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From "Simon Helsen (JIRA)" <>
Subject [jira] [Commented] (JENA-91) extremely large buffer is being created in ObjectFileStorage
Date Fri, 19 Aug 2011 21:23:27 GMT


Simon Helsen commented on JENA-91:


I think I finally have something which reflects what we are doing in your test case. I have
attached a patch which illustrates this. And when I run it, I get things like

Quad: object cannot be null


Different ids allocated: expected [000000000000000A], got [0000000000000014]

which I have seen in my own corruptions (in my own test environment I see the complete stack
trace, but the messages are the same) What I do is based on something we do all the time in
our own framework: we write and read some important meta properties as triples into the same
graph and predicate (but update values). I don't think your current tests do this kind of

Anyhow, let me know if what I do in the test case is wrong and why since we do this ourselves
right now :-) If it is not wrong, you may be able to debug this and nail the problem. Note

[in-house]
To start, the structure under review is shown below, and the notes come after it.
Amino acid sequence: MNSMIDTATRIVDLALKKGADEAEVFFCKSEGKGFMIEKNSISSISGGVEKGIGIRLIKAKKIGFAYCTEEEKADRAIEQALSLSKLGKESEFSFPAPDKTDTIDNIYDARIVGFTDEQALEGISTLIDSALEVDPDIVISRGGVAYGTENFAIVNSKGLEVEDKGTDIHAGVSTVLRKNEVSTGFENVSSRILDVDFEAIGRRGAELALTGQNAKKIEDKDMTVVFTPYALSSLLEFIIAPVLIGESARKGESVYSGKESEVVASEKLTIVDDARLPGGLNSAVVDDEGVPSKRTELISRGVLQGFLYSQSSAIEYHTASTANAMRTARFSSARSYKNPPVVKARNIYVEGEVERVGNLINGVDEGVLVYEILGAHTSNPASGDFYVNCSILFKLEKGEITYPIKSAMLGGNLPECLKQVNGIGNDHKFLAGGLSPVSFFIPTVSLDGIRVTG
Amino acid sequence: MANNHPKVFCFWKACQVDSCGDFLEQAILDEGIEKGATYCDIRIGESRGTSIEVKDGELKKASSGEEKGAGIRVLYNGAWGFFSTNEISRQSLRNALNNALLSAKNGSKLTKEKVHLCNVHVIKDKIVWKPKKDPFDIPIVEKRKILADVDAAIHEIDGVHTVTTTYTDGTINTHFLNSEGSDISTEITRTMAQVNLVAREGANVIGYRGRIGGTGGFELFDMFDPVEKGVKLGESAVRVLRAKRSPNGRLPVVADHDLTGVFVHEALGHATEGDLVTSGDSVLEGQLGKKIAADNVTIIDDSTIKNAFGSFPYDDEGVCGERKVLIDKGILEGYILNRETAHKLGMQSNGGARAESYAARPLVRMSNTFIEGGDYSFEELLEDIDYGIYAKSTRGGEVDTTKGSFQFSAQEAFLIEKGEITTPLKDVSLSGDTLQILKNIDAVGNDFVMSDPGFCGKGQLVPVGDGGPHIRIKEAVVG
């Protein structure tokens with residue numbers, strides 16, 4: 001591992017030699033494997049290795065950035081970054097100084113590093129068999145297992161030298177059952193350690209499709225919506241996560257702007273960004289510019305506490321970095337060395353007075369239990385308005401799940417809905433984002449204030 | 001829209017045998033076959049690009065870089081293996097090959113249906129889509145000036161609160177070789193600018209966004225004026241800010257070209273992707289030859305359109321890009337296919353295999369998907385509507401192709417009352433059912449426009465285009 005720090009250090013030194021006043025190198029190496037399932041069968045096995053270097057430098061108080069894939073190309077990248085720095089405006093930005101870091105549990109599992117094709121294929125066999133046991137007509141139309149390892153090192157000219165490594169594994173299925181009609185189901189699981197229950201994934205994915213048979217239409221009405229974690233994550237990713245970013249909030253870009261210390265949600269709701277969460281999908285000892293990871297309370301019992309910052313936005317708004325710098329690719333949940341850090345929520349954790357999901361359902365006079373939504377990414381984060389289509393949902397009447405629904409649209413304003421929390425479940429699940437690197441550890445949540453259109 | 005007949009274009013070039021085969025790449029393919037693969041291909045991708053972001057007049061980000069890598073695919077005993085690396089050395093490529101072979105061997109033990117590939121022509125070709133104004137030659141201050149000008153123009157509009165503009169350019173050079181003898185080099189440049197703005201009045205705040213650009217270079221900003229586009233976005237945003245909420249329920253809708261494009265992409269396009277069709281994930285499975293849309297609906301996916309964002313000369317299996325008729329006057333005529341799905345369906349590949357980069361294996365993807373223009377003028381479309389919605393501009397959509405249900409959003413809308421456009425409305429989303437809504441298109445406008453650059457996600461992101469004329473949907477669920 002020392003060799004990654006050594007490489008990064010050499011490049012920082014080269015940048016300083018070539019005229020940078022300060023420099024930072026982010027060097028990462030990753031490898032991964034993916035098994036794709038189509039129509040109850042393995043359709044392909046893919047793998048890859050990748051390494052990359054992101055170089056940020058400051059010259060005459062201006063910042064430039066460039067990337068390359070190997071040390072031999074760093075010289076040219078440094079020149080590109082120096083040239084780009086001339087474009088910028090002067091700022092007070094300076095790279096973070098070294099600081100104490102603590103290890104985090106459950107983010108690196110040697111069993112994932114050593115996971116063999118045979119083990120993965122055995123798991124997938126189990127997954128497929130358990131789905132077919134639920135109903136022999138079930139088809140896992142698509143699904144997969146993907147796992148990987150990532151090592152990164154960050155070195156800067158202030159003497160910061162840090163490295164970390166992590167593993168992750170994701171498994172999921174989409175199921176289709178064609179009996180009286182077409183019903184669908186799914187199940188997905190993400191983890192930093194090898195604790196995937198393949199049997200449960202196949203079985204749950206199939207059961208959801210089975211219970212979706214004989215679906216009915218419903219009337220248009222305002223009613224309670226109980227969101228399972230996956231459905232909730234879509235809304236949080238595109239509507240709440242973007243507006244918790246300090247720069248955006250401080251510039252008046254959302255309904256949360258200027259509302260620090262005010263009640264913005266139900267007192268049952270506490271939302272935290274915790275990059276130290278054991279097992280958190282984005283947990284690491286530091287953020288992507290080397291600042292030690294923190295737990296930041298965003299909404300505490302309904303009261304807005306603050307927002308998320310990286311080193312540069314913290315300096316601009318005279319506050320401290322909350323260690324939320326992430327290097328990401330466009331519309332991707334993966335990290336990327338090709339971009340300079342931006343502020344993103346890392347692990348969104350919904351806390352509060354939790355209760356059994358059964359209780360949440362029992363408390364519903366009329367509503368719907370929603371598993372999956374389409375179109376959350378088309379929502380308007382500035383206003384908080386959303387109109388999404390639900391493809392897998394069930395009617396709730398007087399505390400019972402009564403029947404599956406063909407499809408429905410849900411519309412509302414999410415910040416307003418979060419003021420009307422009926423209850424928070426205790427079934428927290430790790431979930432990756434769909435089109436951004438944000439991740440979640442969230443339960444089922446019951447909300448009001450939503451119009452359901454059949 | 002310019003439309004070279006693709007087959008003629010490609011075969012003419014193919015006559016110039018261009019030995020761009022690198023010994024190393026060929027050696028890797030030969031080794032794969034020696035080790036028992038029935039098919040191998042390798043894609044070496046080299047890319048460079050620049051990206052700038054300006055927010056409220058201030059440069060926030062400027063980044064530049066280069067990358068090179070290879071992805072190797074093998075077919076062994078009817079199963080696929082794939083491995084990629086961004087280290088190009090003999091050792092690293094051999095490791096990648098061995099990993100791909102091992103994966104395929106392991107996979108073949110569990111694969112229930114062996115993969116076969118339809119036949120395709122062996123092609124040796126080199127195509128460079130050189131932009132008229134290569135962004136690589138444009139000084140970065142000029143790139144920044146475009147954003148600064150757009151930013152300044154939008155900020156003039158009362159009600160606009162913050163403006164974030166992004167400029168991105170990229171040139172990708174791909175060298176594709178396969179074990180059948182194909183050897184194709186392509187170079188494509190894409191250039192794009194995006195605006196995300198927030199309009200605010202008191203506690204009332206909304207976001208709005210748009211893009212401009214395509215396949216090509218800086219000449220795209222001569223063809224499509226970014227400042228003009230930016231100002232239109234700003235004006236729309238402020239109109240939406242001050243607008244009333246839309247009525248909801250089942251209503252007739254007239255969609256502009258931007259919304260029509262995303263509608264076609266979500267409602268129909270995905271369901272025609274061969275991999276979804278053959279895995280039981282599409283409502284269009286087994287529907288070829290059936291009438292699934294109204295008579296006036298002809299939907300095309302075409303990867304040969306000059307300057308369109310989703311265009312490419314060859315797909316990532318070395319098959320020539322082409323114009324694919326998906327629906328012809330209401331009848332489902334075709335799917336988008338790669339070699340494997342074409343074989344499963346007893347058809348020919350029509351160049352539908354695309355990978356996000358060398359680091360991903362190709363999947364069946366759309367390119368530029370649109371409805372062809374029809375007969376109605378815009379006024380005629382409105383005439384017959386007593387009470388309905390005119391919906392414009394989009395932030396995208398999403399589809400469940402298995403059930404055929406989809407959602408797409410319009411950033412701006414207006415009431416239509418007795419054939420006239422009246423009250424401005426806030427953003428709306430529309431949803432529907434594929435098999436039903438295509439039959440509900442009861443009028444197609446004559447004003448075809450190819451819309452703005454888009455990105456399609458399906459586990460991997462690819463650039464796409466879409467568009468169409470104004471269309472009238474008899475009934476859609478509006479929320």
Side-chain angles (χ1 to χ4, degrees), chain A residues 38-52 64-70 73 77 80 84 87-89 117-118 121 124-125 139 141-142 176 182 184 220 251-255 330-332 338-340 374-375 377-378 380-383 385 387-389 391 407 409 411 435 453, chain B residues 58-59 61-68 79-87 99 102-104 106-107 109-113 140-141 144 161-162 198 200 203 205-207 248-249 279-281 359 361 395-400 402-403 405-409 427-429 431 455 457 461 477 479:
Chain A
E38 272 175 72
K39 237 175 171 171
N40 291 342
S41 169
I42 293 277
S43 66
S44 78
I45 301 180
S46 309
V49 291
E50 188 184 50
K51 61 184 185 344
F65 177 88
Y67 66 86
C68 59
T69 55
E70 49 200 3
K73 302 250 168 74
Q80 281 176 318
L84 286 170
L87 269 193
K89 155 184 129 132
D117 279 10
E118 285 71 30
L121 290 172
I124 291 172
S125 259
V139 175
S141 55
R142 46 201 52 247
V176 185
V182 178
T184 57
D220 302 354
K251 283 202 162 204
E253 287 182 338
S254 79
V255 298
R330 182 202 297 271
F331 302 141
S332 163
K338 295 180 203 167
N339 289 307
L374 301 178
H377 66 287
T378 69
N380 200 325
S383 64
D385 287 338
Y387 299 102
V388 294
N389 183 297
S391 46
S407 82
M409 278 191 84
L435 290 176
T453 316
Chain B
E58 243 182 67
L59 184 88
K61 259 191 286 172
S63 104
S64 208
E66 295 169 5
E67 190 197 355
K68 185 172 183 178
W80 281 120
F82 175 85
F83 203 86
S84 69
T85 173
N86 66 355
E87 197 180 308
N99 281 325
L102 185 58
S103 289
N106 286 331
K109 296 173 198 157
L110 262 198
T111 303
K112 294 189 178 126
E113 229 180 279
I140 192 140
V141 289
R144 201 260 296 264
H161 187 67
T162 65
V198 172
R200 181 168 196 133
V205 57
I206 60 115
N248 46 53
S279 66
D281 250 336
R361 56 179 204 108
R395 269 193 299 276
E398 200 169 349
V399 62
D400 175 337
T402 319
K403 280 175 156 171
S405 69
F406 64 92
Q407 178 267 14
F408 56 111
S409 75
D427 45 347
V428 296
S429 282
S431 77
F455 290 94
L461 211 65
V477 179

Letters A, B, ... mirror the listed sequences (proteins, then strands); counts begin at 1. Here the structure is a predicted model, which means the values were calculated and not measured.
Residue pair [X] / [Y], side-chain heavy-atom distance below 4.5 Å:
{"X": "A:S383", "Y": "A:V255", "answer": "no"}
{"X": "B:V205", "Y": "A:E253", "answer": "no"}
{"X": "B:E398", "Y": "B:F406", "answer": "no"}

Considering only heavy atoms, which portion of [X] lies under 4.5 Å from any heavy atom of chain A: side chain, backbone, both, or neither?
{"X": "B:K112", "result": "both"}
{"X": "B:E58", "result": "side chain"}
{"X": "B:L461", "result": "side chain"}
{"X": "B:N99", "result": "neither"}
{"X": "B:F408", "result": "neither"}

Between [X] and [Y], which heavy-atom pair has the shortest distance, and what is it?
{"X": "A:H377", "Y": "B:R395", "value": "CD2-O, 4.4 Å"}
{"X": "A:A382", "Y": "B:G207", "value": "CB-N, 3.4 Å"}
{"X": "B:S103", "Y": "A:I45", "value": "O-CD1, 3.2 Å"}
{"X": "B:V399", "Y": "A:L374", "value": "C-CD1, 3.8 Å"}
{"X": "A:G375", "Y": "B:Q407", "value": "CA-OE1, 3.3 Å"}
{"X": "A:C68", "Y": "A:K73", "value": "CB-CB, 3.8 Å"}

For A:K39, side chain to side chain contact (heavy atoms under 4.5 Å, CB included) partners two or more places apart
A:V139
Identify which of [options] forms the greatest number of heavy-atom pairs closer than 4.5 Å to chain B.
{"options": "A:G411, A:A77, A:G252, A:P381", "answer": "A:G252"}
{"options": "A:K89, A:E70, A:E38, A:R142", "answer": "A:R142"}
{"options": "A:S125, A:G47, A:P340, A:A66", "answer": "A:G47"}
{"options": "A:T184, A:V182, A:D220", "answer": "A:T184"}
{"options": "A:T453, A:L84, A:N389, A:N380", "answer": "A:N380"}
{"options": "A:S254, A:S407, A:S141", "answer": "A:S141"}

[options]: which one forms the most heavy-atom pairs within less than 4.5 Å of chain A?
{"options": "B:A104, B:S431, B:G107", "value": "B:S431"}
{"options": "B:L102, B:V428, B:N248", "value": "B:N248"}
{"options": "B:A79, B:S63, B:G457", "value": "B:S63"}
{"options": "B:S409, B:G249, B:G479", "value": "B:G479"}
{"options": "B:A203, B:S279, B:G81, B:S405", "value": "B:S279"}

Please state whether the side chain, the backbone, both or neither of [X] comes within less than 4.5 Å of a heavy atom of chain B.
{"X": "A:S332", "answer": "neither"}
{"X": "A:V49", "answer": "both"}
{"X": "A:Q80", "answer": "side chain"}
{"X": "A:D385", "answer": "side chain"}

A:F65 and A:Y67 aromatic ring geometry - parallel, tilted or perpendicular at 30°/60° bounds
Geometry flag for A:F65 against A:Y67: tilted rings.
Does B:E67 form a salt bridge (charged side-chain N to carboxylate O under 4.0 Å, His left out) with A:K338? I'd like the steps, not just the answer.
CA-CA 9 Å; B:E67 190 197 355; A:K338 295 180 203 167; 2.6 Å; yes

that we do exactly this kind of thing in TDB 0.8.7, so if it is wrong now, I'd like to know
why it wasn't wrong in TDB 0.8.7

> extremely large buffer is being created in ObjectFileStorage
> ------------------------------------------------------------
>                 Key: JENA-91
>                 URL:
>             Project: Jena
>          Issue Type: Bug
>          Components: TDB
>            Reporter: Simon Helsen
>            Assignee: Andy Seaborne
>            Priority: Critical
>         Attachments: TestTransSystem.patch, TestTransSystem2.patch
> I tried to debug the OME and check why a bytebuffer is causing my native memory to explode
in almost no time. It all seems to happen in this bit of code in com.hp.hpl.jena.tdb.base.objectfile.ObjectFileStorage
(lines 243 onwards)
>   // No - it's in the underlying file storage.
>         lengthBuffer.clear() ;
>         int x =, loc) ;
>         if ( x != 4 )
>             throw new FileException(""+loc+")["+filesize+"]["+file.size()+"]:
Failed to read the length : got "+x+" bytes") ;
>         int len = lengthBuffer.getInt(0) ;
>         ByteBuffer bb = ByteBuffer.allocate(len) ;
> My debugger shows that x==4. It also shows the lengthBuffer has the following content:
[111, 110, 61, 95]. This amounts to the value of len=1869495647, which is rather a lot :-)
Obviously, the next statement (ByteBuffer.allocate) causes the OME.

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